A Guide to Understanding the Labels on Egg Cartons

Egg Labeling Misconceptions

EGG LABELING 101

A Guide to Understanding the Labels on Egg Cartons

When we are shopping at the grocery store, we are determined to find the best quality products with the best prices. Manufacturers have found many clever ways to influence us to buy their product. The use of colorful and captivating fonts and colors on their packaging, and slapping promising labels on their product makes it difficult to know which one to choose! Buying a simple carton of eggs has gotten more complicated over the years with an overwhelming abundance of labeling that seem to scream “choose me!” The problem is that a lot of the words on labels we see are incredibly misleading, and may not mean what we think. Labels found on egg cartons can have many definitions, leaving us to interpret the labels the best we can. The labels can refer to the hens living conditions, their diet, or even how the hens are cared for by the producer. Here’s the ultimate guide to understanding the different labels on egg cartons, so you can confidently choose what eggs you want in your home.

Certified Humane: Certified Humane is a program of Humane Farm Animal Care. The birds are uncaged inside barns or warehouses, but there is no requirement or information on if they are able to go outdoors. They must be able to perform natural behaviors such as nesting, perching, and dust bathing.

Certified Organic: Eggs that are labeled as Certified Organic are under the authority of the USDA’s National Organic Program. The hens are uncaged inside barns or warehouses and are required to have outdoor access. They are fed organic, all-vegetarian diet free of antibiotics and pesticides.

Cage Free: Cage free implies hens are uncaged inside barns or warehouses, but generally do not have access to the outdoors. They have the ability to engage in some of their natural behaviors such as walking and nesting. There is no information regarding what the birds can be fed.

Free Range: Free range egg-laying hens are uncaged inside barns or warehouses and have outdoor access. They can engage in many natural behaviors such as nesting and foraging. The USDA gives no information on stocking density, the frequency of outdoor access, and information on the bird's diets.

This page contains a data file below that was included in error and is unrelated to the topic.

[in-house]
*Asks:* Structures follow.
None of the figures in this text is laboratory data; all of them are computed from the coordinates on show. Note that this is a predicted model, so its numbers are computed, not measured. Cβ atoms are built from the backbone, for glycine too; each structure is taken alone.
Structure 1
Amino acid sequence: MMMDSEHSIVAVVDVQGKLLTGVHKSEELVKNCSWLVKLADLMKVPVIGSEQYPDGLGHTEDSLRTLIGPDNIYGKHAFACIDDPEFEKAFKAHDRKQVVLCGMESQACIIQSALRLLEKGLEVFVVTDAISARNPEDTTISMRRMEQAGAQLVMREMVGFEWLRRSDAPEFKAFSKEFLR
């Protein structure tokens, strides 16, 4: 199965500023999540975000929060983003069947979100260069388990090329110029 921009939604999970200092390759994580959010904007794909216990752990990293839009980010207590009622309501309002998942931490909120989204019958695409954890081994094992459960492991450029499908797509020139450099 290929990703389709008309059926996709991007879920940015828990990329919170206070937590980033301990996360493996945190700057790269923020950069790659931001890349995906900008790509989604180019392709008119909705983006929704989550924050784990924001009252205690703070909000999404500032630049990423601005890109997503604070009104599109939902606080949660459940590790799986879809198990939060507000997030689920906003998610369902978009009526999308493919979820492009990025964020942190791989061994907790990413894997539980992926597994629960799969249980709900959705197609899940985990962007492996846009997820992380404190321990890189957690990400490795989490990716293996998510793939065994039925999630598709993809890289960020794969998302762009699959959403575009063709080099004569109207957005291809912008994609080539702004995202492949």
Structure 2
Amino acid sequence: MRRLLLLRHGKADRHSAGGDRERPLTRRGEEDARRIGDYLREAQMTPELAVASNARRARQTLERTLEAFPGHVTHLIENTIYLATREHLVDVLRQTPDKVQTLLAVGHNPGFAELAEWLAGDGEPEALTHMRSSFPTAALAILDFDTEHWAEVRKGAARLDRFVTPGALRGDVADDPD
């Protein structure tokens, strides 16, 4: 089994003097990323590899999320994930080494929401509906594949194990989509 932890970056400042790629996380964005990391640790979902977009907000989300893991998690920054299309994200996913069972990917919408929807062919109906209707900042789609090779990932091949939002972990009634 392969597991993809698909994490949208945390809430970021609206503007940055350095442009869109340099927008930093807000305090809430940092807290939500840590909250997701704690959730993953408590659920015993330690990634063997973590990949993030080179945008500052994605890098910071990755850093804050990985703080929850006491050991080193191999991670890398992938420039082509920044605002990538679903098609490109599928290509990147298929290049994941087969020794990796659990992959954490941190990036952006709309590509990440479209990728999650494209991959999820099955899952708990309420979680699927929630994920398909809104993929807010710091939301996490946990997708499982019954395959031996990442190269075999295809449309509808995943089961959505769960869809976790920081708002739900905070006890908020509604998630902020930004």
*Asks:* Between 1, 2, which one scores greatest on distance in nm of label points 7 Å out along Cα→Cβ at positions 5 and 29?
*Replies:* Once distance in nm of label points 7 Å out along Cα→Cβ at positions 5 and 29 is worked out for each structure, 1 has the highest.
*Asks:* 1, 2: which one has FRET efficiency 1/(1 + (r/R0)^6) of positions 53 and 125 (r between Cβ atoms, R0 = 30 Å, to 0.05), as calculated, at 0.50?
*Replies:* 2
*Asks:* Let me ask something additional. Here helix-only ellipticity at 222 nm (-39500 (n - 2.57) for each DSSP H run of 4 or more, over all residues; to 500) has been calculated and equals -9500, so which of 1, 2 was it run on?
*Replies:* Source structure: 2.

Pasteurized: All egg products sold in the US are pasteurized. This label means that eggs are heated to temperatures just below the coagulation point to destroy pathogens and diseases like Salmonella. This label created by the USDA gives no information on the overall treatment of the hens or their diet.

Pasture Raised: There is no uniform standard for pasture-raised labeled eggs which are produced on farms where hens have some access to the outdoors, with no indication of whether or not the hens engage in nesting and foraging.

Animal Welfare Approved: The Animal Welfare program created a label with the objective to improve animal rights and reducing unfair practices, by prohibiting practices such as beak trimming. The hens have access to pastures and the outdoors but do not have any information on their diet.

Omega-3 Enriched: There is no information on whether or not the producers used inhuman practices like beak trimming, or if the hens had access to outdoors. Omega 3-Enriched egg labels simply means that the hens were raised on a diet rich in omega-3 fatty acids.

American Humane Certified: The American Humane Certified label signified eggs are produced following the animal welfare standards for either cage-free, free-range, pasture raised environments. Beak trimming is allowed only if there is a concern about cannibalism within the birds. No information is given on the hen's diets.

Vegetarian-Fed: These birds are provided a more natural feed than that received by most laying hens, but this label does not have significant relevance to the animals’ living conditions. This practice is controversial because chickens are not naturally vegetarian.

United Egg Producers Certified: The United Egg Producers created a label that means that the producers have met most of the requirements and standards developed by the UEP, a cooperative trade group for egg producers. The hens must be given enough space to stand upward. However, this label does not require the hens to move freely, perch, forage, and nest.

Thinking beyond the label is a common conversation in our community at TestSharing. Unfortunately, egg labeling is commonly used to mislead consumers into buying the manufacturer's product. The government systems set in place to regulate these labels have no fixed meaning, and consumers are meant to figure out what each label means on our own. Egg color, its grade, size, feed, and the use of hormones are all factors that contribute to egg quality. Read more about egg quality myths and measures here. Being informed about the labels you see in the grocery store will help you avoid confusion, and assist you in making the best choice on what eggs to bring into your home.

Sources: 1, 2, 3, 4